S-Space College of Engineering/Engineering Practice School (공과대학/대학원) Dept. of Chemical and Biological Engineering (화학생물공학부) Journal Papers (저널논문_화학생물공학부)
Energy-efficient hybrid FCDI-NF desalination process with tunable salt rejection and high water recovery
- Choi, Seungyeon; Chang, Barsa; Kang, Ji Hyun; Diallo, Mamadou S.; Choi, Jang Wook
- Issue Date
- Journal of Membrane Science, Vol.541, pp.580-586
- Energy consumption; Flow capacitive deionization; Nanofiltration; Hybrid desalination; Salt removal efficiency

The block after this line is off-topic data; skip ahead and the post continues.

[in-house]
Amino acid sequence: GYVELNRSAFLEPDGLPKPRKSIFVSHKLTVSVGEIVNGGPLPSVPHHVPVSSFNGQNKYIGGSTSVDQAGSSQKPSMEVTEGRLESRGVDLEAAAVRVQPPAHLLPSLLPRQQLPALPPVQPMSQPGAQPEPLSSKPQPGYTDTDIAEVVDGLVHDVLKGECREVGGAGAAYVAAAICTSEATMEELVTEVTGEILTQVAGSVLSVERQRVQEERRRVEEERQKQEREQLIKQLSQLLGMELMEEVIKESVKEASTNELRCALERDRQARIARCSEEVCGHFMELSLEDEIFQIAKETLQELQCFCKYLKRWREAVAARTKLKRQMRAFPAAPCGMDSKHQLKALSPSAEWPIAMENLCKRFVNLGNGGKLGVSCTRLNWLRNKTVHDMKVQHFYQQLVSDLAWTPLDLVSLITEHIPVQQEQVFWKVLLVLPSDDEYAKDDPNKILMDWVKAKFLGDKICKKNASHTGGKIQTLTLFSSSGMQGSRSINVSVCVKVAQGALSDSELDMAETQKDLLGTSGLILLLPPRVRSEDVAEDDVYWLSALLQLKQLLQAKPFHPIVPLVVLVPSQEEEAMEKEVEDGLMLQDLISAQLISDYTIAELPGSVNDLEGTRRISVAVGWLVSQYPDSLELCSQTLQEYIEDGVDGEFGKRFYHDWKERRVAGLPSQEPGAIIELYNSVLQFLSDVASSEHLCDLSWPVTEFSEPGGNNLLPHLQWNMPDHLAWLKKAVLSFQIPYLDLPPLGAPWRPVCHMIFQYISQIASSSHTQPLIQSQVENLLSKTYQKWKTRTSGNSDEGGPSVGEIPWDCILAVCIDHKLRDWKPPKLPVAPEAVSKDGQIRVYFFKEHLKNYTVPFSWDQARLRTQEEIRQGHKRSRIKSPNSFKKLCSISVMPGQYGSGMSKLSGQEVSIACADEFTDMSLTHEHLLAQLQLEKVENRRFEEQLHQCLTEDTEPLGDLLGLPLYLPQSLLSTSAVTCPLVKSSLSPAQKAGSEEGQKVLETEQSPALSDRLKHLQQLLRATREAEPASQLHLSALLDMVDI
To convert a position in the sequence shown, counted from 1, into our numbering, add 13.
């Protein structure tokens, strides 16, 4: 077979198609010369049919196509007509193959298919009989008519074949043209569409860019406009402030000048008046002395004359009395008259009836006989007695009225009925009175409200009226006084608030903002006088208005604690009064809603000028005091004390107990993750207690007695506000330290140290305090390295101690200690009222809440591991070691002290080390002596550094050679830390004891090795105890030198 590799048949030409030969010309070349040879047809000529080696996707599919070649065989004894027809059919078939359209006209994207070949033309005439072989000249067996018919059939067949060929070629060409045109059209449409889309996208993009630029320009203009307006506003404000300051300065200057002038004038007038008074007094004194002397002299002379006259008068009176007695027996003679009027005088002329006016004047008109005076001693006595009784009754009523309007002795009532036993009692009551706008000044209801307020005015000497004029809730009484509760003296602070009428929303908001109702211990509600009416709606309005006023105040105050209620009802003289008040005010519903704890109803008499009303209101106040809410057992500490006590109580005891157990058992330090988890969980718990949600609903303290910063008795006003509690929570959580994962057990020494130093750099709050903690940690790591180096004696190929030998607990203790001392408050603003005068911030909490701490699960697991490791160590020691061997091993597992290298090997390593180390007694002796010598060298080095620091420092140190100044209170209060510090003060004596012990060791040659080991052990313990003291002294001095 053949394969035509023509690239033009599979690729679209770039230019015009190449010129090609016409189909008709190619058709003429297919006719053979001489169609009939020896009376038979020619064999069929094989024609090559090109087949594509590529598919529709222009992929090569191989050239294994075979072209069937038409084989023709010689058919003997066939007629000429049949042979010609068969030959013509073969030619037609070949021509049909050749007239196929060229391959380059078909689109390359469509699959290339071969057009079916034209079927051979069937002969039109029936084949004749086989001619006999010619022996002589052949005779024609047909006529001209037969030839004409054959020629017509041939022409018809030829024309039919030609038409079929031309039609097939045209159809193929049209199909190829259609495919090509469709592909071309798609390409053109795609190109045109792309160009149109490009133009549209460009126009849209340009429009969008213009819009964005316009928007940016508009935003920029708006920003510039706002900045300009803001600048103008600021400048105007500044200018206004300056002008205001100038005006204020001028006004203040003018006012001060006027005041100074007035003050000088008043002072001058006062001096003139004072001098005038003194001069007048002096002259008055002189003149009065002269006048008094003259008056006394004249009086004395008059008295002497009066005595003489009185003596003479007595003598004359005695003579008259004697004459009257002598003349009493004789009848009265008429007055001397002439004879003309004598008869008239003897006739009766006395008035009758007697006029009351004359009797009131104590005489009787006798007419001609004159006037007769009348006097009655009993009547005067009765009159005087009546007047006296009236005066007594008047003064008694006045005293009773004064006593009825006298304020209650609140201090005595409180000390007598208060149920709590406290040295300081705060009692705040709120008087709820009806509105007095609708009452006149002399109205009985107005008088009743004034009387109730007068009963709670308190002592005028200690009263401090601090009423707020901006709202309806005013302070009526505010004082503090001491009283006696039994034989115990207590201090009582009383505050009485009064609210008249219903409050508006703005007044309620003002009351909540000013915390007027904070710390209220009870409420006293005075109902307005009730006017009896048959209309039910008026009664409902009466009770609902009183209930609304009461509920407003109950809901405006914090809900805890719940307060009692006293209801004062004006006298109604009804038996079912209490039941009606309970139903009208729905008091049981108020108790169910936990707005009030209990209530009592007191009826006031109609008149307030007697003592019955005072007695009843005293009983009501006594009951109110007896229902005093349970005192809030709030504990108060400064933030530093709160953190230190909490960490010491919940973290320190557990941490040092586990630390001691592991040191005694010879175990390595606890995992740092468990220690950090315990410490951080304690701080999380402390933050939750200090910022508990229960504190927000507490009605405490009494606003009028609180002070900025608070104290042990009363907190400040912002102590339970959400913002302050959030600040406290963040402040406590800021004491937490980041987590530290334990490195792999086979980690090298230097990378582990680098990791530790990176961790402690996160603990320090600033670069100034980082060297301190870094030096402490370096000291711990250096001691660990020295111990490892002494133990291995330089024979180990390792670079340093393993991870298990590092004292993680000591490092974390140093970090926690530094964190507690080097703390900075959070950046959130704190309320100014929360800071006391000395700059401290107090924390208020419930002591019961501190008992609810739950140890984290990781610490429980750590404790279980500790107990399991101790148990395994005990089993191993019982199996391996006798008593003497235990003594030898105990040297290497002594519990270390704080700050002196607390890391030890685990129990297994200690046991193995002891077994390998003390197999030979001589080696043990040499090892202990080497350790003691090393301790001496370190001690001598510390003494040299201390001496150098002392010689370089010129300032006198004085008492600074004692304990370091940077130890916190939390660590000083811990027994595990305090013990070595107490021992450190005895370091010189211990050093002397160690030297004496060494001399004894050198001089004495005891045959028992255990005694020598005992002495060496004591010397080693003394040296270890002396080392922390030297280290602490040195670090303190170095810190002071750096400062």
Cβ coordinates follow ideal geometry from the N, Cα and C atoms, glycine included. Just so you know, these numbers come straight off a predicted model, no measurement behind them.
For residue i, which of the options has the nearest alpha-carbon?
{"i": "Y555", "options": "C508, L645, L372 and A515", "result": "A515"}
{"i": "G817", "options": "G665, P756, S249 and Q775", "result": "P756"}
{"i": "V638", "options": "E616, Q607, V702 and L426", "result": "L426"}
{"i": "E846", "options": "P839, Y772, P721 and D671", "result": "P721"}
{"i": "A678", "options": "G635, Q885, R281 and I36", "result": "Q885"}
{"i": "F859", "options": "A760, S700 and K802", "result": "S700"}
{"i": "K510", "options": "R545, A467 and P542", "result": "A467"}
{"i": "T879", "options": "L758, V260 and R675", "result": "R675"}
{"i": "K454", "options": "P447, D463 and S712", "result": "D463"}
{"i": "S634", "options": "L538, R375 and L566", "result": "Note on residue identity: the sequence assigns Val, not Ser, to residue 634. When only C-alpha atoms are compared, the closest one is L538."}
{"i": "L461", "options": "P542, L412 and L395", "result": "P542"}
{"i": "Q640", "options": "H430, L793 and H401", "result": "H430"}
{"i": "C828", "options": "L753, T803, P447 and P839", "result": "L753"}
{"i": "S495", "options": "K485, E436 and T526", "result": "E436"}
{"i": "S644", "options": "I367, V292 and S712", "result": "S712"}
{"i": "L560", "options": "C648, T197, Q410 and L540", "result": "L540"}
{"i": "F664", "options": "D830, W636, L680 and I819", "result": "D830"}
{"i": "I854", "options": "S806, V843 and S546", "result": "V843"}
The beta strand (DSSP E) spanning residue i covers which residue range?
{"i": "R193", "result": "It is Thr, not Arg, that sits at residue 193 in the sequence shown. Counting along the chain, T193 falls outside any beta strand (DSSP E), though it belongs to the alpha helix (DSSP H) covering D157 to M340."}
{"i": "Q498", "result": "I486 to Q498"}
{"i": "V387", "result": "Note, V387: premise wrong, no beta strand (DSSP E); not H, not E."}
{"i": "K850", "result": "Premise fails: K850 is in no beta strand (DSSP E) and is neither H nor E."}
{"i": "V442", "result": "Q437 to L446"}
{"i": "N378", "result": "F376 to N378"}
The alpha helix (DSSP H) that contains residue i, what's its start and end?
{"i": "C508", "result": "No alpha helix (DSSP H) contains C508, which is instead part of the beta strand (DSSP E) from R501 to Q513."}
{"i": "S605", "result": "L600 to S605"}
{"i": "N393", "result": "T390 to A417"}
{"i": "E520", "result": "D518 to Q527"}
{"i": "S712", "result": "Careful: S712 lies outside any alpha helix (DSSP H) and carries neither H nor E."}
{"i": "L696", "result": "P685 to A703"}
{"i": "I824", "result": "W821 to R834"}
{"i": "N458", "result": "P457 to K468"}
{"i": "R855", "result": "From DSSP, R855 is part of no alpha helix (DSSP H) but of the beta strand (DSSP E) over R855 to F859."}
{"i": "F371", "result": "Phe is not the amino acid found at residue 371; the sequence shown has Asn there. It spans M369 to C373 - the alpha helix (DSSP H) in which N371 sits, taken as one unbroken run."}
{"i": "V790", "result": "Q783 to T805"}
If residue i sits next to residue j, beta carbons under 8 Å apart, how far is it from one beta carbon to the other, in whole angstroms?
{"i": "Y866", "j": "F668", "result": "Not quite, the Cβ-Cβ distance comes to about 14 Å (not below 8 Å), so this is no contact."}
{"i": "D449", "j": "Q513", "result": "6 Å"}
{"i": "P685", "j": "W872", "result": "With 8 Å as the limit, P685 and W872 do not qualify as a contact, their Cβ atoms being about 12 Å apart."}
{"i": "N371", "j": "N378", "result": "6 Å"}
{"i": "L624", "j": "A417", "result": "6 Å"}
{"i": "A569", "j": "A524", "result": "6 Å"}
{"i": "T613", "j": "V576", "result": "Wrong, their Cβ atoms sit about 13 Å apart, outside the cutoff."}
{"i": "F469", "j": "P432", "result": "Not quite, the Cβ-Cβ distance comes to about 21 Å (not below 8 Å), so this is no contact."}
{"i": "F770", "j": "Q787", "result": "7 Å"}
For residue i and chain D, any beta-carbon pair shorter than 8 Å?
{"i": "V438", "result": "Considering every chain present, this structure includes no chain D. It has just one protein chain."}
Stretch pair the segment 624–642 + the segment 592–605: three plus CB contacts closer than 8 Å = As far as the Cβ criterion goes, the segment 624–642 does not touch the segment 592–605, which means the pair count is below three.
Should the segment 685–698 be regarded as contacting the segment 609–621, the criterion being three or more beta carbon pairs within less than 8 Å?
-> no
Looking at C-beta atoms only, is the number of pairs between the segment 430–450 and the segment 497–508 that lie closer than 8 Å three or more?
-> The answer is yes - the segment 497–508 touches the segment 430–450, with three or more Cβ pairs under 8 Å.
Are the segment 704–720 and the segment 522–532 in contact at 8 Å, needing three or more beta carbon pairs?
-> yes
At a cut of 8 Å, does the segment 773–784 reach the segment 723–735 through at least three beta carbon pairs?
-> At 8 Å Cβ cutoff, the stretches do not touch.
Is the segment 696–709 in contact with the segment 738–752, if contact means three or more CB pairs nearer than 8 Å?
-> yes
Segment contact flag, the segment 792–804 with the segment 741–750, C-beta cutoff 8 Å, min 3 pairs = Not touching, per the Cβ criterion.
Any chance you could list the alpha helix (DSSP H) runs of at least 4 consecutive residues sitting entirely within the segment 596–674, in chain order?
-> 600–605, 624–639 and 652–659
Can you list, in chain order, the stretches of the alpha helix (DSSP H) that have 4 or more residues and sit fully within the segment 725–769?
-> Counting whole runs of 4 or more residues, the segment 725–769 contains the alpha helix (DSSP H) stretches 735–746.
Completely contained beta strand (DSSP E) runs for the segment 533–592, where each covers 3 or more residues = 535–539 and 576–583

- Seawater and brackish water constitute similar to 97% of the water on Earth. Therefore, future water shortages could be alleviated if we develop more efficient and cost-effective desalination technologies. Reverse osmosis (RO) has been established as the best available technology for commercial seawater (SW) desalination during the last two decades. Because the standard SWRO membrane element is designed to achieve a very high salt (NaCl) rejection (>99%) with a low water recovery (similar to 15%), current SWRO desalination plant design is based on the staging of arrays of RO membrane elements to achieve an overall water recovery of similar to 50% with an energy consumption of 3-4 kWh per m(3) of water treated. Moreover, SWRO desalination plants generate substantial amounts of brines that must be disposed of. In addition, SWRO desalination plants require post-treatment including remineralization. Here, we report an energy-efficient hybrid desalination process for high salinity brackish water. This new desalination process couples flow capacitive deionization (FCDI) with nanofiltration (NF). Our experiments and energy calculations using a 10000 ppm NaCl solution as model brackish water show that the energy consumption of the new FCDI-NF unit (0.460 kWh_total m(-3)) is lower by 16-20% than the best reported energy consumption (0.571 kWh m(-3)) and the 1-stage practical minimum energy consumption (0.550 kWh m(-3)) of a brackish water reverse osmosis (BWRO) unit treating the same feed at 70% water recovery, while final total dissolved solids (TDS) are in the drinking water range.
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